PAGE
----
The answers to these questions depend on resources in your area and your child’s skills and capabilities. Each person with autism faces different challenges and symptoms, as well as different strengths. An occupational therapist can work one-on-one with your family and your child to find the right solutions for independence.
Autism, Adulthood, and Independent Living
A person with autism can live independently. However, based on the person’s skills and capabilities, the person’s level of independence may look different. Some individuals may be able to live in their own home without any support. Another individual may require home and community support for independent living. The goal is to help the person achieve the highest level of independence possible to create a path for a fulfilling life.
A person with autism can attend college, find a job, pursue a career, make friends, find love, and live independently. There are many programs to help an autistic person achieve their goals. Occupational therapists can help individuals with autism develop the skills for independent living. Occupational therapists can help design the right environment for the individual’s success. For example, the occupational therapist can work with an employer to implement the right modifications for job success. Or the occupational therapist can help families find housing with the right amount of support to maximize the individual's success.
Housing Options for Autistic Adults
Moving out of the parent’s home can be both exciting, confusing, and anxiety producing. Living on one’s own means independence and freedom. However, independence also means financial and personal responsibility. For individuals with autism, the solutions for independent living will vary based on the individual's skills, capabilities and financial resources.
Housing options include:
- Adult foster care: Individuals with disabilities can live with other families through adult foster care. The state regulates these settings and services are paid with family income or public benefits, such as Social Security Disability Income (SSDI).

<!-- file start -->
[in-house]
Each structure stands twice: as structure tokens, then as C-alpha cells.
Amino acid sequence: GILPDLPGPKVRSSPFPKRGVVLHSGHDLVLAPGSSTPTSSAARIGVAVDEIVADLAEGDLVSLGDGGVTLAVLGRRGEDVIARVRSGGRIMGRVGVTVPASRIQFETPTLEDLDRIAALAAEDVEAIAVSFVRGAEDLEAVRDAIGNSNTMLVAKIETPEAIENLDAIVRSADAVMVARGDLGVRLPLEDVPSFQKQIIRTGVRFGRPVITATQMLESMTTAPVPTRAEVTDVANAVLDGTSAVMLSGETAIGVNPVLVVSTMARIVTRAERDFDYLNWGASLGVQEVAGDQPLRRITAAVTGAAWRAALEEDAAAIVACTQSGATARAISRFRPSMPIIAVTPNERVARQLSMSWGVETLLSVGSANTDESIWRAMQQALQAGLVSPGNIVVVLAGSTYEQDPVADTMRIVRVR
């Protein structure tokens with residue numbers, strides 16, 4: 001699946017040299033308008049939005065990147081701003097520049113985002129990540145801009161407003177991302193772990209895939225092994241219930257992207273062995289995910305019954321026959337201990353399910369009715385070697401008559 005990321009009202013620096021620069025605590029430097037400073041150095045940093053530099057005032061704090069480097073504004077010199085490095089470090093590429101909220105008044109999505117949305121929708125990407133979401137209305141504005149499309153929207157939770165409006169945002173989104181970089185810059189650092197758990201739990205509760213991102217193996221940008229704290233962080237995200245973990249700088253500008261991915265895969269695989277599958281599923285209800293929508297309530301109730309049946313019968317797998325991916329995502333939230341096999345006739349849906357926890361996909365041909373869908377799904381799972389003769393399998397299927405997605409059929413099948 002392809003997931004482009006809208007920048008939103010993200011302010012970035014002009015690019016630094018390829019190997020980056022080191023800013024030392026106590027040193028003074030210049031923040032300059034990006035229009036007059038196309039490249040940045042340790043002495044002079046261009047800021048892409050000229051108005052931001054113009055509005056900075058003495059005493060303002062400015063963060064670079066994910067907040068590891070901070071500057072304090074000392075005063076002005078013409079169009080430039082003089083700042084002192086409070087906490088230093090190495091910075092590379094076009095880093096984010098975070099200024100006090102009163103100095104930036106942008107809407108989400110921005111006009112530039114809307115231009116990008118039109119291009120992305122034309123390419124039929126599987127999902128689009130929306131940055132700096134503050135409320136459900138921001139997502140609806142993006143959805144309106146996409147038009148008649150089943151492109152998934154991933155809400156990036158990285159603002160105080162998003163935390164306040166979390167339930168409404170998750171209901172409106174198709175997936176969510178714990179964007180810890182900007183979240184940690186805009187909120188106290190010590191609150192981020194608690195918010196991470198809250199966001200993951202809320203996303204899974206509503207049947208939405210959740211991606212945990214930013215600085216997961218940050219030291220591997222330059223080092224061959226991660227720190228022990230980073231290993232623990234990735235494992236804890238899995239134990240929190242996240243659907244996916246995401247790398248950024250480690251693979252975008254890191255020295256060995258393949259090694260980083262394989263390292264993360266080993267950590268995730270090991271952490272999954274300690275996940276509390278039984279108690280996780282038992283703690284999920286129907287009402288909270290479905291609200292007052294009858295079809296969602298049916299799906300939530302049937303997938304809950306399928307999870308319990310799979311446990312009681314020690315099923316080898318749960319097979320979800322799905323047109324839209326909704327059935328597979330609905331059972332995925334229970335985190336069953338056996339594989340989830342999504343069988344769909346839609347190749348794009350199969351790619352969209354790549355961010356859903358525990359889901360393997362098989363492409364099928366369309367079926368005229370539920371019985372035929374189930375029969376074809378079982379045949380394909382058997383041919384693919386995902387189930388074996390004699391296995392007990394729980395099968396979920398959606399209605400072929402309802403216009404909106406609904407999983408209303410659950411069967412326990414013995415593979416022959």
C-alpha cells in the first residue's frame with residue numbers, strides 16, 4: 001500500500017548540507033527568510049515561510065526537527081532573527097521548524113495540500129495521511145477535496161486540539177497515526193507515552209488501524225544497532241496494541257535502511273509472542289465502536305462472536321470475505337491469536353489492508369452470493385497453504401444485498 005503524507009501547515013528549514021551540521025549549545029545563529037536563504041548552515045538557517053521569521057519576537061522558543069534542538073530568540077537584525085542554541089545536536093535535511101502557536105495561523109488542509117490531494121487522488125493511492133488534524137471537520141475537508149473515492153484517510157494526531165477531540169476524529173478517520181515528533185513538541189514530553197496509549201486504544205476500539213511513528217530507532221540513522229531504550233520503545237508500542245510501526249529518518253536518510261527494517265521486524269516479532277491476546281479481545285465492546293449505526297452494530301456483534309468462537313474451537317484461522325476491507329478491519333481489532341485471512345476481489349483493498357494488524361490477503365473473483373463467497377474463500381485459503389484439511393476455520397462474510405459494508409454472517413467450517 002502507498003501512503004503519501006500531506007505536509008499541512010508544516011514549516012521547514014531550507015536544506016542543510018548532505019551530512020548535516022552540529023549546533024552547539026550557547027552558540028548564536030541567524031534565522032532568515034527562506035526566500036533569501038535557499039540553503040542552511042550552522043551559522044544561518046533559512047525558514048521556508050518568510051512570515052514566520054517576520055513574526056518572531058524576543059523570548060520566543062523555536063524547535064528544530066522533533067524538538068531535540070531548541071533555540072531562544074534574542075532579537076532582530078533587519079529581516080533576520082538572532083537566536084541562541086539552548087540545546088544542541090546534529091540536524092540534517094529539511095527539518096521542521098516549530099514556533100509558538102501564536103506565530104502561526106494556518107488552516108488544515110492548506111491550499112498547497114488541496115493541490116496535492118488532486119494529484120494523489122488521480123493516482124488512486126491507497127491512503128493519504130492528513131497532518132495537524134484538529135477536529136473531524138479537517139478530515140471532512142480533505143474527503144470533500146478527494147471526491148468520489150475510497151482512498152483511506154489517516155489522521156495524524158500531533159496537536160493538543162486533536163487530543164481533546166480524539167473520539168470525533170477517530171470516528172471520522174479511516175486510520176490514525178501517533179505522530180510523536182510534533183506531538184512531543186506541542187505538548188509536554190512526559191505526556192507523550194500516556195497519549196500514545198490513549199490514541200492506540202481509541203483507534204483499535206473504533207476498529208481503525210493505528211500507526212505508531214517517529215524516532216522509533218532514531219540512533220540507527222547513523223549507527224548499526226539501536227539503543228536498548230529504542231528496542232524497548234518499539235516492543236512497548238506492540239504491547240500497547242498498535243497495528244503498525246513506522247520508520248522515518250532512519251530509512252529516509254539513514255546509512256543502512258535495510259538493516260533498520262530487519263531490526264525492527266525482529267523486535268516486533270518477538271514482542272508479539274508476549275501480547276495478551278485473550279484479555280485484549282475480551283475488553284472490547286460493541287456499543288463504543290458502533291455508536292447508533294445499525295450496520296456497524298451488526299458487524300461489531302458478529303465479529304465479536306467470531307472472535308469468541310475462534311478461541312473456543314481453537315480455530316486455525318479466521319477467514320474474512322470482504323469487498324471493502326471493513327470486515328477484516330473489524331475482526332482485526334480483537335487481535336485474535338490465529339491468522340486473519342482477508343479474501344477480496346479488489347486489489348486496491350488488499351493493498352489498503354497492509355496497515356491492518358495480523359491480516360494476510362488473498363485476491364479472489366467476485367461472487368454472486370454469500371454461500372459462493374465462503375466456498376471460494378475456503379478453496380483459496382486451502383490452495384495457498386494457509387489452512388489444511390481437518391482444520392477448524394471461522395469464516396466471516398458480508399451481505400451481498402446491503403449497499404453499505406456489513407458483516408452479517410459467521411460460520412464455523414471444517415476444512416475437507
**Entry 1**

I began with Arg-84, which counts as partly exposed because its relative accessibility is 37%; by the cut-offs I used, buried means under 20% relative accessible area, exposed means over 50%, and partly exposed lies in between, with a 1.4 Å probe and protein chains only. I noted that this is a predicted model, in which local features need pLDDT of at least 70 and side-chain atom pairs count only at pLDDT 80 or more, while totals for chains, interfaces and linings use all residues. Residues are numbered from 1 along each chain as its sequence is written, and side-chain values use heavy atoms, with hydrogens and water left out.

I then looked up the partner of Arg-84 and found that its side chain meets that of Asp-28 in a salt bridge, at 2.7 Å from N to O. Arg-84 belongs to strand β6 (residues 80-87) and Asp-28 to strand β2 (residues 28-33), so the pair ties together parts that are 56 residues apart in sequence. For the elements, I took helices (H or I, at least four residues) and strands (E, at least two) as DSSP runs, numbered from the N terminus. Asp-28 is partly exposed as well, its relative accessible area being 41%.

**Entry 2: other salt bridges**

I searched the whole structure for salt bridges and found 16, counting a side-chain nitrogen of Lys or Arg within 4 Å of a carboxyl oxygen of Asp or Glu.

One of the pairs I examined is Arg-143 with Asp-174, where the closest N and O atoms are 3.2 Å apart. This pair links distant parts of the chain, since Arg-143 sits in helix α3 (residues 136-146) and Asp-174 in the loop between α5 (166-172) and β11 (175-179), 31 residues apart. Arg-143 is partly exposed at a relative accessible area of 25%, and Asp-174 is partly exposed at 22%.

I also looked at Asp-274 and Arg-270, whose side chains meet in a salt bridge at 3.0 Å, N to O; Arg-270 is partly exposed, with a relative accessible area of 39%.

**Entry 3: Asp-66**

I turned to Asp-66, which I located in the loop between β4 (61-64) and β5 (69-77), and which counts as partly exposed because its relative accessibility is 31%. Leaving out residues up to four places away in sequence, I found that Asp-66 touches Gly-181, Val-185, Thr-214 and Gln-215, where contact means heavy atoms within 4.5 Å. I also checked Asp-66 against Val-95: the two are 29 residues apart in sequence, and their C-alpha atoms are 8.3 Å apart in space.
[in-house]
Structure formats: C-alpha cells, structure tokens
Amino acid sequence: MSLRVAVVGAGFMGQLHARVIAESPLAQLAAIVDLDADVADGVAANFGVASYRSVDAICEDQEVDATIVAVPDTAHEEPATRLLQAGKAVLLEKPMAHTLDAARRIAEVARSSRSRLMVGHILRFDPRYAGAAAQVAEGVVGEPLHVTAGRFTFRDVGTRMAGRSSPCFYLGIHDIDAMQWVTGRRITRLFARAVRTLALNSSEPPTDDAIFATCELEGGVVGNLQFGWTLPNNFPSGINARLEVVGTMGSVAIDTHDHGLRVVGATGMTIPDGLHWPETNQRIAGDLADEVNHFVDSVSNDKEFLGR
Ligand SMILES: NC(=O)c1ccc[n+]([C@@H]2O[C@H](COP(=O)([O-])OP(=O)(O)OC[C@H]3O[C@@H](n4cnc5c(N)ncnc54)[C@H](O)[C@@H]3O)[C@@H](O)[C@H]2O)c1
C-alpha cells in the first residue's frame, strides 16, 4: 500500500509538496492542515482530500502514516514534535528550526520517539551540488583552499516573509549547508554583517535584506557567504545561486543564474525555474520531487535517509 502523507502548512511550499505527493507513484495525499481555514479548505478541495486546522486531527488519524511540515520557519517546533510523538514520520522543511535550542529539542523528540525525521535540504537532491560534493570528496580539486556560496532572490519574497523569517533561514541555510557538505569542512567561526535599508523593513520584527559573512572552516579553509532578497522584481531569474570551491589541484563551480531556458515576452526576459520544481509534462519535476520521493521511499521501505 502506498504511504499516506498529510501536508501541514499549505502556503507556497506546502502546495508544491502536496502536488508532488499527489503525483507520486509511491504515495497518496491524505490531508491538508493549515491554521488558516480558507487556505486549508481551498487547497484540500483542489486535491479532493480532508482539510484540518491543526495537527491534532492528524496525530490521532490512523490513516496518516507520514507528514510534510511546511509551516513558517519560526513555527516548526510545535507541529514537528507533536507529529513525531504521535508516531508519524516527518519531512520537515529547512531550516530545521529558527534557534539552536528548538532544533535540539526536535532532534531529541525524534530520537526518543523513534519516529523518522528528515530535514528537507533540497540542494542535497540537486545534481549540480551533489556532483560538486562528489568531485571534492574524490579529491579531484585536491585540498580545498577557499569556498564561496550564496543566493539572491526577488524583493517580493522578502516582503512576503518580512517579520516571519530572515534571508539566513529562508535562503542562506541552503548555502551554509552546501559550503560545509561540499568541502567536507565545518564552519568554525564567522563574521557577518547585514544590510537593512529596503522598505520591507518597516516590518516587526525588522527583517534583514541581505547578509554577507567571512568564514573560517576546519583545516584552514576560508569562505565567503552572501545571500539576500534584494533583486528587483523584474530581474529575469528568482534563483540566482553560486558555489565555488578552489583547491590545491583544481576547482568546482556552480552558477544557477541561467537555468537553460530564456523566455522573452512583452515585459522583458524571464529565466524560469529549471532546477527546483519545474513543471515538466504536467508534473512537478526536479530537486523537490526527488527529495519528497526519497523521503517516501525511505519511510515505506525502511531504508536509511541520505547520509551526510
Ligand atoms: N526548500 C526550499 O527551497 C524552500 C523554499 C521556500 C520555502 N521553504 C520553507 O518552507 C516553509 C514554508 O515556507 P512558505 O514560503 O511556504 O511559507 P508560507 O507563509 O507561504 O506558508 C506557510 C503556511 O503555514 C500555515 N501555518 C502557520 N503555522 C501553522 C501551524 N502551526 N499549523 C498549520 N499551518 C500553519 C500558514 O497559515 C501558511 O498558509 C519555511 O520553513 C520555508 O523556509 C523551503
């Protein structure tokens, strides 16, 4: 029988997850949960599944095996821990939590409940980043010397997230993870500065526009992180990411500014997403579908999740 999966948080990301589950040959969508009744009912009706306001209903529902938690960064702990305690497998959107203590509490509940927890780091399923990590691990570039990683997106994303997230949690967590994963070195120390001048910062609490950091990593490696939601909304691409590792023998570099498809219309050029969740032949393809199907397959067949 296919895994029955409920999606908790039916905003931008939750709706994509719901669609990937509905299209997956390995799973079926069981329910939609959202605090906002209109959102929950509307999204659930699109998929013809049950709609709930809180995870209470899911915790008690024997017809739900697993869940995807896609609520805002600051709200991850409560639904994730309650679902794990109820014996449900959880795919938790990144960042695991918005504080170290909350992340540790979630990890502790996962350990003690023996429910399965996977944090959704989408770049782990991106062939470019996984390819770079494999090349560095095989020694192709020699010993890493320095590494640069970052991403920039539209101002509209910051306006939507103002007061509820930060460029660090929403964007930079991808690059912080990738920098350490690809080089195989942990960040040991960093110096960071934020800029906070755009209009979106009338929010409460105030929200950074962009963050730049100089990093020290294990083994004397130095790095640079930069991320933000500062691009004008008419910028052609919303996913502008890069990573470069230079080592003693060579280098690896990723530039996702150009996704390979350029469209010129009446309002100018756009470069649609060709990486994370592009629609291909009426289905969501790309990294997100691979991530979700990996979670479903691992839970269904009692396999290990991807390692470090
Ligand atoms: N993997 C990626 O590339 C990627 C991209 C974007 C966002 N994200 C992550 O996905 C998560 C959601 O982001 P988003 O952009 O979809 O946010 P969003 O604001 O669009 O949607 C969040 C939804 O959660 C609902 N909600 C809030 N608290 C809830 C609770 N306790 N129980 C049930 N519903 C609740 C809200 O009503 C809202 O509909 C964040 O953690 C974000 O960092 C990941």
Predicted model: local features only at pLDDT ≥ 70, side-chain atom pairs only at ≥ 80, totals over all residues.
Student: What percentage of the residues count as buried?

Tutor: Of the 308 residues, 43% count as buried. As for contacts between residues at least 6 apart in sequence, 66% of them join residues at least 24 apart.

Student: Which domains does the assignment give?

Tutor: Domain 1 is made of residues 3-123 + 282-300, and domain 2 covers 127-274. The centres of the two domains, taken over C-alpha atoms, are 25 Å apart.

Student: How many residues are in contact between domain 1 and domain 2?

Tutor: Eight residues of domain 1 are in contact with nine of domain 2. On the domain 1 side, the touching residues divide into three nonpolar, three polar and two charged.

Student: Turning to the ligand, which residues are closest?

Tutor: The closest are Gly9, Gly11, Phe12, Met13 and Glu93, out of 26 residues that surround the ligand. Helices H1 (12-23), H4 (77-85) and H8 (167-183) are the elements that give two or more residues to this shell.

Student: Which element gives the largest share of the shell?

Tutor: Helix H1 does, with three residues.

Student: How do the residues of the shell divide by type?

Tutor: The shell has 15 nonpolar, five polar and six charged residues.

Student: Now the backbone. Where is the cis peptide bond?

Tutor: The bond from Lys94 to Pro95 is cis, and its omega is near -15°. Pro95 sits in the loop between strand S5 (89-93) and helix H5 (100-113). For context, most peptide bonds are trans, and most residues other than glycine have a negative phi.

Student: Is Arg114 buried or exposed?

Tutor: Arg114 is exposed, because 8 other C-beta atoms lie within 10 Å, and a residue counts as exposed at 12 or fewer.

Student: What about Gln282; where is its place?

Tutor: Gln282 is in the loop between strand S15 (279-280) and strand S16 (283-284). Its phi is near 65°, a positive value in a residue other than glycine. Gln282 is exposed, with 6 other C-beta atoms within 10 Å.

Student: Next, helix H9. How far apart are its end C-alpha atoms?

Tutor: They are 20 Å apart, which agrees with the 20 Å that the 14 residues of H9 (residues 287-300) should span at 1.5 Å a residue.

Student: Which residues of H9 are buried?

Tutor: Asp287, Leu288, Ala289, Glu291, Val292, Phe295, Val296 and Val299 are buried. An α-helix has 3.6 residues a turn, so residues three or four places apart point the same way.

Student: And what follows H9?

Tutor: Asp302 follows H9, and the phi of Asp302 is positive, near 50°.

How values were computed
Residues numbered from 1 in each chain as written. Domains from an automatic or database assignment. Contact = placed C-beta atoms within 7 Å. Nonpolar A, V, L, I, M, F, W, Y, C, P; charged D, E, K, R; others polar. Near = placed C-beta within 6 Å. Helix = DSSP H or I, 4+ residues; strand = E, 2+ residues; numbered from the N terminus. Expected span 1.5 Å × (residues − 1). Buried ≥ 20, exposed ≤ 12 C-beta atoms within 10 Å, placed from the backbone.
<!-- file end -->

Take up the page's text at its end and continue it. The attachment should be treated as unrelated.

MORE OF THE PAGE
- Group homes: Group homes are community-based settings with support staff to help with cooking and medication management. Group homes are regulated by the state and can be financed with public benefits, such as SSDI.
- Supervised or Supportive Living: Home settings that offer support based on the individual’s needs. Support can vary from assistance with meal preparation and medication management to help with transportation. Supportive living can be financed with personal income, Medicaid, or SSDI.
- Independent living: Some adults with autism can live independently and may receive support from family and friends. Adults may live with roommates to offset costs or receive financial assistance from the government.
Independent Living Skills for Autistic Adults
People with autism have varying levels of skills and abilities. A customized approach can help a person develop the skills needed to become as independent as possible. Core independent living skills include:
- Self-help skills (bathing, dressing, hygiene, grooming)
- Self-awareness skills (learning how to behave in different settings, personal safety)
- Communication skills (how to converse, job-related communication skills, communication with friends)
- Problem-Solving skills (finding healthcare services, requesting reasonable accommodations at work, asking for help)
- Money management and budgeting (developing a budget, meeting expenses, saving money)
- Employment skills (soft skills, work ethic, managing behavior on the job)
Developing the core skills for daily living can help a person with autism to attain an income to live independently, move into their own place, and develop a network of friends. If the person cannot work full time, there are government programs, such as SSDI, to supplement income. Finding the right job setting or career to match the individual’s skills and capabilities will support future employment success. Developing home living skills, such as money management, cooking and nutrition, and self-care skills are important components of helping a person with autism live independently.
How Occupational Therapy Can Help
Independent living will look different for each person with autism. Parents and families do not have to tackle the transition to adulthood alone. Occupational therapists are trained to help any individual thrive as an independent adult. Occupational therapists are also trained to change the living environment or job setting to support independence.